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Supreme Court’s “Janus” Decision Is an All-Out Attack on Working Americans

Wednesday’s 5-4 decision gave a giant boost to the campaign to undermine labor for the benefit of the super-rich.

Illinois state employee Mark Janus stands outside of the US Supreme Court after the decision in the Janus v. AFSCME case was handed down in his favor on Wednesday, June 27, 2018.

Wednesday’s 5-4 Supreme Court decision in Janus v. AFSCME, which prohibits public-sector unions from collecting “fair-share fees” covering the cost of representing non-union members, is one of its most partisan decisions of the past half-century. In terms of siding with the economic interests of the über-rich over those of ordinary Americans, Janus is comparable to the Court’s political gift to the nation’s 0.01 percent in 2010’s Citizens United v. FEC.

The Campaign to Undermine Labor Rights

Janus effectively establishes “right to work” (i.e., a prohibition of security agreements that unions negotiate with employers) throughout the public sector. Rather than a stand-alone event, however, the Janus decision should be viewed as the culmination of the right-wing assault on public-sector workers and unions that began with Scott Walker’s election as governor of Wisconsin in 2010. Walker received millions of dollars in donations from out-of-state right-wing billionaires in order to secure his election victories and ensure the success of his anti-union agenda. Over the past several years, Republican lawmakers in Michigan, Ohio, Iowa, Florida, Kentucky, West Virginia, Missouri and elsewhere have continued this assault on public-sector workers and unions.

Negative Consequences From Janus

The Janus decision will likely have several negative consequences. First, millions of public-sector workers will be worse off — likely experiencing a decline in salary of several thousand dollars — as the bargaining power of their unions is diminished. This decline in wages will disproportionately affect women and workers of color, who already are lagging behind in our unequal economy. Whatever amount non-members gain from not having to pay “fair-share fees,” they will almost certainly lose far more in lower base pay and worse benefits.

Second, the pension schemes of millions of public workers will likely suffer a major hit. Several states already have underfunded public-sector pensions, and Janus will almost certainly exacerbate their woes. Due to funding problems, some state and local governments might abandon pension plans and shift employees onto inferior 401(K) plans.

Furthermore, the quality of public services, including K-12 education, will almost certainly decline due to a weakening of teachers and other public-education unions. Public-sector workers and their unions are the most effective advocates for students and public education in local and state legislatures throughout the country.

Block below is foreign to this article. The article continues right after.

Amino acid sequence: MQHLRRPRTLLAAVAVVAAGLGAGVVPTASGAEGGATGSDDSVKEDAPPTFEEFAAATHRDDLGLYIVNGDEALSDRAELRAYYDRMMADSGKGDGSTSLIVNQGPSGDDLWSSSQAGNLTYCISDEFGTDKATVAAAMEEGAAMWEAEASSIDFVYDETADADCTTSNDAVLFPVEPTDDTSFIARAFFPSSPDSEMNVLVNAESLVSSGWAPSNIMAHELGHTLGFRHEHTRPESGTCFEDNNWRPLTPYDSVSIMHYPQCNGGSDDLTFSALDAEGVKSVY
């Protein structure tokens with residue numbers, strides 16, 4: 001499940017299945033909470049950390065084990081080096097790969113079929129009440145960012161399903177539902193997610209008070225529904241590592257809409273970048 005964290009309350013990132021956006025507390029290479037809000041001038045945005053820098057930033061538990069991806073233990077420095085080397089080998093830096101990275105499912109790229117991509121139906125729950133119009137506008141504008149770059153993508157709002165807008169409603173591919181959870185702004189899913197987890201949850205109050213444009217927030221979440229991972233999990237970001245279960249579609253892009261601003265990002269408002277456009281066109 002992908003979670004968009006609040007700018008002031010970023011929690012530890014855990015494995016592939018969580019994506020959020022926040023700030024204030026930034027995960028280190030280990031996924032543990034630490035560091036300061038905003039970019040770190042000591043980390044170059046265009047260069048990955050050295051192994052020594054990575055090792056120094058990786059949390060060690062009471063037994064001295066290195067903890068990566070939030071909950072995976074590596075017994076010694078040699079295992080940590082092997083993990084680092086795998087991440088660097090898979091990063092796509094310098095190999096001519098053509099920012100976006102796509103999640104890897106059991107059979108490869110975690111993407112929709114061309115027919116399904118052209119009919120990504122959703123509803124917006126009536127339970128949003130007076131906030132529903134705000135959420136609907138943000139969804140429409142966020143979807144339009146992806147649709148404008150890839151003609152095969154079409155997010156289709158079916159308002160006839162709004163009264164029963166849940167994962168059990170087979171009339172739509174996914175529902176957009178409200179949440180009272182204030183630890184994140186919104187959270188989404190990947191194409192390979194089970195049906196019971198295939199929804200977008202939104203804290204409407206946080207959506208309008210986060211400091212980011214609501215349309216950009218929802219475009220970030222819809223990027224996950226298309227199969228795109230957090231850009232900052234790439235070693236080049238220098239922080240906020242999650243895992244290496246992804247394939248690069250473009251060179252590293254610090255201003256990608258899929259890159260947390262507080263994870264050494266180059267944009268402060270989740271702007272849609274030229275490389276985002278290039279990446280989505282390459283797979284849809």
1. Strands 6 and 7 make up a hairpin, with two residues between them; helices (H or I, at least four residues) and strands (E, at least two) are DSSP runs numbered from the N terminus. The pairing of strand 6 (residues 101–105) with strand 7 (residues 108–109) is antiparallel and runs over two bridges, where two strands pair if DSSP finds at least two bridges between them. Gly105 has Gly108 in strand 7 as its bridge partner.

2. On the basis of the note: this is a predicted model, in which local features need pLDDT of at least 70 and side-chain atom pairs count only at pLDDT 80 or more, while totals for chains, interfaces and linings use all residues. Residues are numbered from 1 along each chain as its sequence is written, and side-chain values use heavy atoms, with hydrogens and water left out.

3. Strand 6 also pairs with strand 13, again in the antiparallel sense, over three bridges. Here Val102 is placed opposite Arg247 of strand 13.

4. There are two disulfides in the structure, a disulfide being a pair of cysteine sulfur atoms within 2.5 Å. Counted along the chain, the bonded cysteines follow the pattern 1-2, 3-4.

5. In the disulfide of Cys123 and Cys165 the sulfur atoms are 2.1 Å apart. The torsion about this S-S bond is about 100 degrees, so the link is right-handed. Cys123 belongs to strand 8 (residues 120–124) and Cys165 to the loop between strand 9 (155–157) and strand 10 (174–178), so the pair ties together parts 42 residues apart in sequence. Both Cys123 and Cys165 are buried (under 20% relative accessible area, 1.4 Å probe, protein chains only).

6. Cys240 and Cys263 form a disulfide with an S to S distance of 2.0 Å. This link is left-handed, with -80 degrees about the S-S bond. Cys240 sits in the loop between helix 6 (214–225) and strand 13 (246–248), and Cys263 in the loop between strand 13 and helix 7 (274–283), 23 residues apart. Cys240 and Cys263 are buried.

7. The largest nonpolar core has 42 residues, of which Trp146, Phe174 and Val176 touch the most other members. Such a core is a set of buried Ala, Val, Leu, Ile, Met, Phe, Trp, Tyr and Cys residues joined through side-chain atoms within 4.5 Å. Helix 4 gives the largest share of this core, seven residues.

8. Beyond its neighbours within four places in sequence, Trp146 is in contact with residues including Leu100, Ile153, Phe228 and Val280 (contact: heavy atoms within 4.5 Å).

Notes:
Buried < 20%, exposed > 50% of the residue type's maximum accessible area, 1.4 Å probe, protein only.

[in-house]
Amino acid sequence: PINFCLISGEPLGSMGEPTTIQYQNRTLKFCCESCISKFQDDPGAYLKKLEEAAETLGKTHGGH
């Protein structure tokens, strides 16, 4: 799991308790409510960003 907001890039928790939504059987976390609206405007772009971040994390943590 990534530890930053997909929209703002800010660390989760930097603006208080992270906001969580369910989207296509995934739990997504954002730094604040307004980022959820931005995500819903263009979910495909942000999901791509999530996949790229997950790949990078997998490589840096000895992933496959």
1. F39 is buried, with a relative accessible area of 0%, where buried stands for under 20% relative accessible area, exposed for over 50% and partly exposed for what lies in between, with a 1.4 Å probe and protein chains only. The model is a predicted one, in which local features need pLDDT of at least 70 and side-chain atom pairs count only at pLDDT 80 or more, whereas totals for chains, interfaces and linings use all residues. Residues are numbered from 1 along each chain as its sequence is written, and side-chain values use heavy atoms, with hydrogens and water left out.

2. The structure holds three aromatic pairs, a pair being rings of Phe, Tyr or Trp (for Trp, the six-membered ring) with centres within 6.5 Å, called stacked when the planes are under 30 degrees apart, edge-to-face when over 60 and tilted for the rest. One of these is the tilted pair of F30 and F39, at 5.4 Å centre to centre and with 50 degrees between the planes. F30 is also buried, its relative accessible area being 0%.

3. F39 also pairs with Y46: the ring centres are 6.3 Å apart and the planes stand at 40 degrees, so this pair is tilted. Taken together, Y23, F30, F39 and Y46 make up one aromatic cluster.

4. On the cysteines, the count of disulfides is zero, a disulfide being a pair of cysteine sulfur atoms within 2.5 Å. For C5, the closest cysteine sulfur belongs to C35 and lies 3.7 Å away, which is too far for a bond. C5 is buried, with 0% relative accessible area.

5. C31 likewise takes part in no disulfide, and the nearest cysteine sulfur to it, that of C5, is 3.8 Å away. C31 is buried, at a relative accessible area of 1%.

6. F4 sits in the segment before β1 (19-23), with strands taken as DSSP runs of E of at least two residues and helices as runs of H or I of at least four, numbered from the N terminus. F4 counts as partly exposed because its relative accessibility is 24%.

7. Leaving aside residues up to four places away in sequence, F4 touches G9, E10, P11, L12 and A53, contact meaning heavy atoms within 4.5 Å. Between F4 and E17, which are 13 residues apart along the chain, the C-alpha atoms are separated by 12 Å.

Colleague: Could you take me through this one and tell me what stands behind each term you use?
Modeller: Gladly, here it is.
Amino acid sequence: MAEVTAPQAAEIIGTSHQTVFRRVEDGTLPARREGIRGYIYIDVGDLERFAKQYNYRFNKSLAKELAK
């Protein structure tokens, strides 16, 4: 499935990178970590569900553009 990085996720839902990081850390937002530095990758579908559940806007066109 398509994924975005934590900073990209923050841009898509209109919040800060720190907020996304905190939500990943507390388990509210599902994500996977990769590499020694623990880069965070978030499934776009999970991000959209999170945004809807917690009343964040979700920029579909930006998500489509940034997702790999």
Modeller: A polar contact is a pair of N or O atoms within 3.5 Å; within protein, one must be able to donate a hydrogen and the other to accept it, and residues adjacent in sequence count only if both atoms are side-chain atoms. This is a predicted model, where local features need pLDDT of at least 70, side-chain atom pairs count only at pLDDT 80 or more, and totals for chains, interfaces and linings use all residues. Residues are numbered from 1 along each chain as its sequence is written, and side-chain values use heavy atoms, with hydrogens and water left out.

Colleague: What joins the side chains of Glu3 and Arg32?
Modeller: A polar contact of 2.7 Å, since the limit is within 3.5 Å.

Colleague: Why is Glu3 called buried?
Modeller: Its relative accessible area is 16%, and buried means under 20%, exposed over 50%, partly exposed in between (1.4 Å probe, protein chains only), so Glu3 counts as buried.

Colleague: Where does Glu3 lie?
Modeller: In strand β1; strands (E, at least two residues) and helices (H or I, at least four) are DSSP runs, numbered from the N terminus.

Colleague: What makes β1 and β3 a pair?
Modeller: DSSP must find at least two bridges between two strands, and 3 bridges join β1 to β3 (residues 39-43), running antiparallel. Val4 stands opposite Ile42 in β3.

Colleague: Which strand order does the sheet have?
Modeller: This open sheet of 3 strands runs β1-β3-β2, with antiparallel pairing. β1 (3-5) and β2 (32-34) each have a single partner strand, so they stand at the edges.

Finally, public-sector labor relations will likely deteriorate. The Supreme Court’s existing ruling on public employees (the 1977 Abood decision, which survived several previous right-wing attempts to overturn it) had largely ensured labor peace. As the recent teacher protests in West Virginia, Oklahoma and Arizona demonstrate, weakened unions and a lack of bargaining power do not ensure labor peace. In fact, they make more likely unpredictable and unstable labor relations, and this greater instability may turn out to be an unintended consequence of Janus.

Right-Wing Campaign to Weaken Unions After Janus

Anti-union organizations such as the Freedom Foundation are preparing to mount an aggressive campaign to persuade individual union members to resign their membership in states, such as Washington, Oregon and California. Although unions in these states will likely retain the overwhelming majority of their current members, they will need to expend far greater resources doing so — which is what anti-union groups want — and they will still be legally required to represent non-members who contribute nothing to the costs incurred on their behalf. Similar anti-union groups are gearing up to do battle in other states.

The Right-Wing Agenda Behind Janus

For the past half-century, right-wing organizations have attempted to confuse people by framing their attacks on US unions as an effort to protect the individual rights of ordinary employees. Nothing could be further from the truth — they are motivated only by the desire to destroy the collective voice of working people. The Janus decision has nothing to do with protecting the free speech rights of individual employees. Existing law already had safeguards protecting the rights of non-members, and non-members can and do opt-out of contributing to the cost of political activities of public-sector unions (which are largely lobbying efforts to secure greater funding for popular public services).

The sole intention of the shadowy right-wing groups behind the Janus case is to further weaken unions. Unions represent less than 11 percent of the workforce, despite the fact that almost every reputable survey indicates that millions of workers would like union representation but cannot get it. This is an inconvenient truth that right-wing organizations cannot counter — and well over half of the population has a favorable view of labor unions. Widespread public support for organized labor should come as no surprise. Unions and collective bargaining are some of the most effective anti-poverty tools US workers have had during the past 50 years.

The real beneficiaries of the Janus decision are far-right, anti-union groups and their billionaire paymasters. We desperately need stronger public- and private-sector unions in the US, not weaker ones. We also need a Supreme Court that will stand up for the interests of ordinary Americans, not for the economic and political interests of the 0.01 percent.

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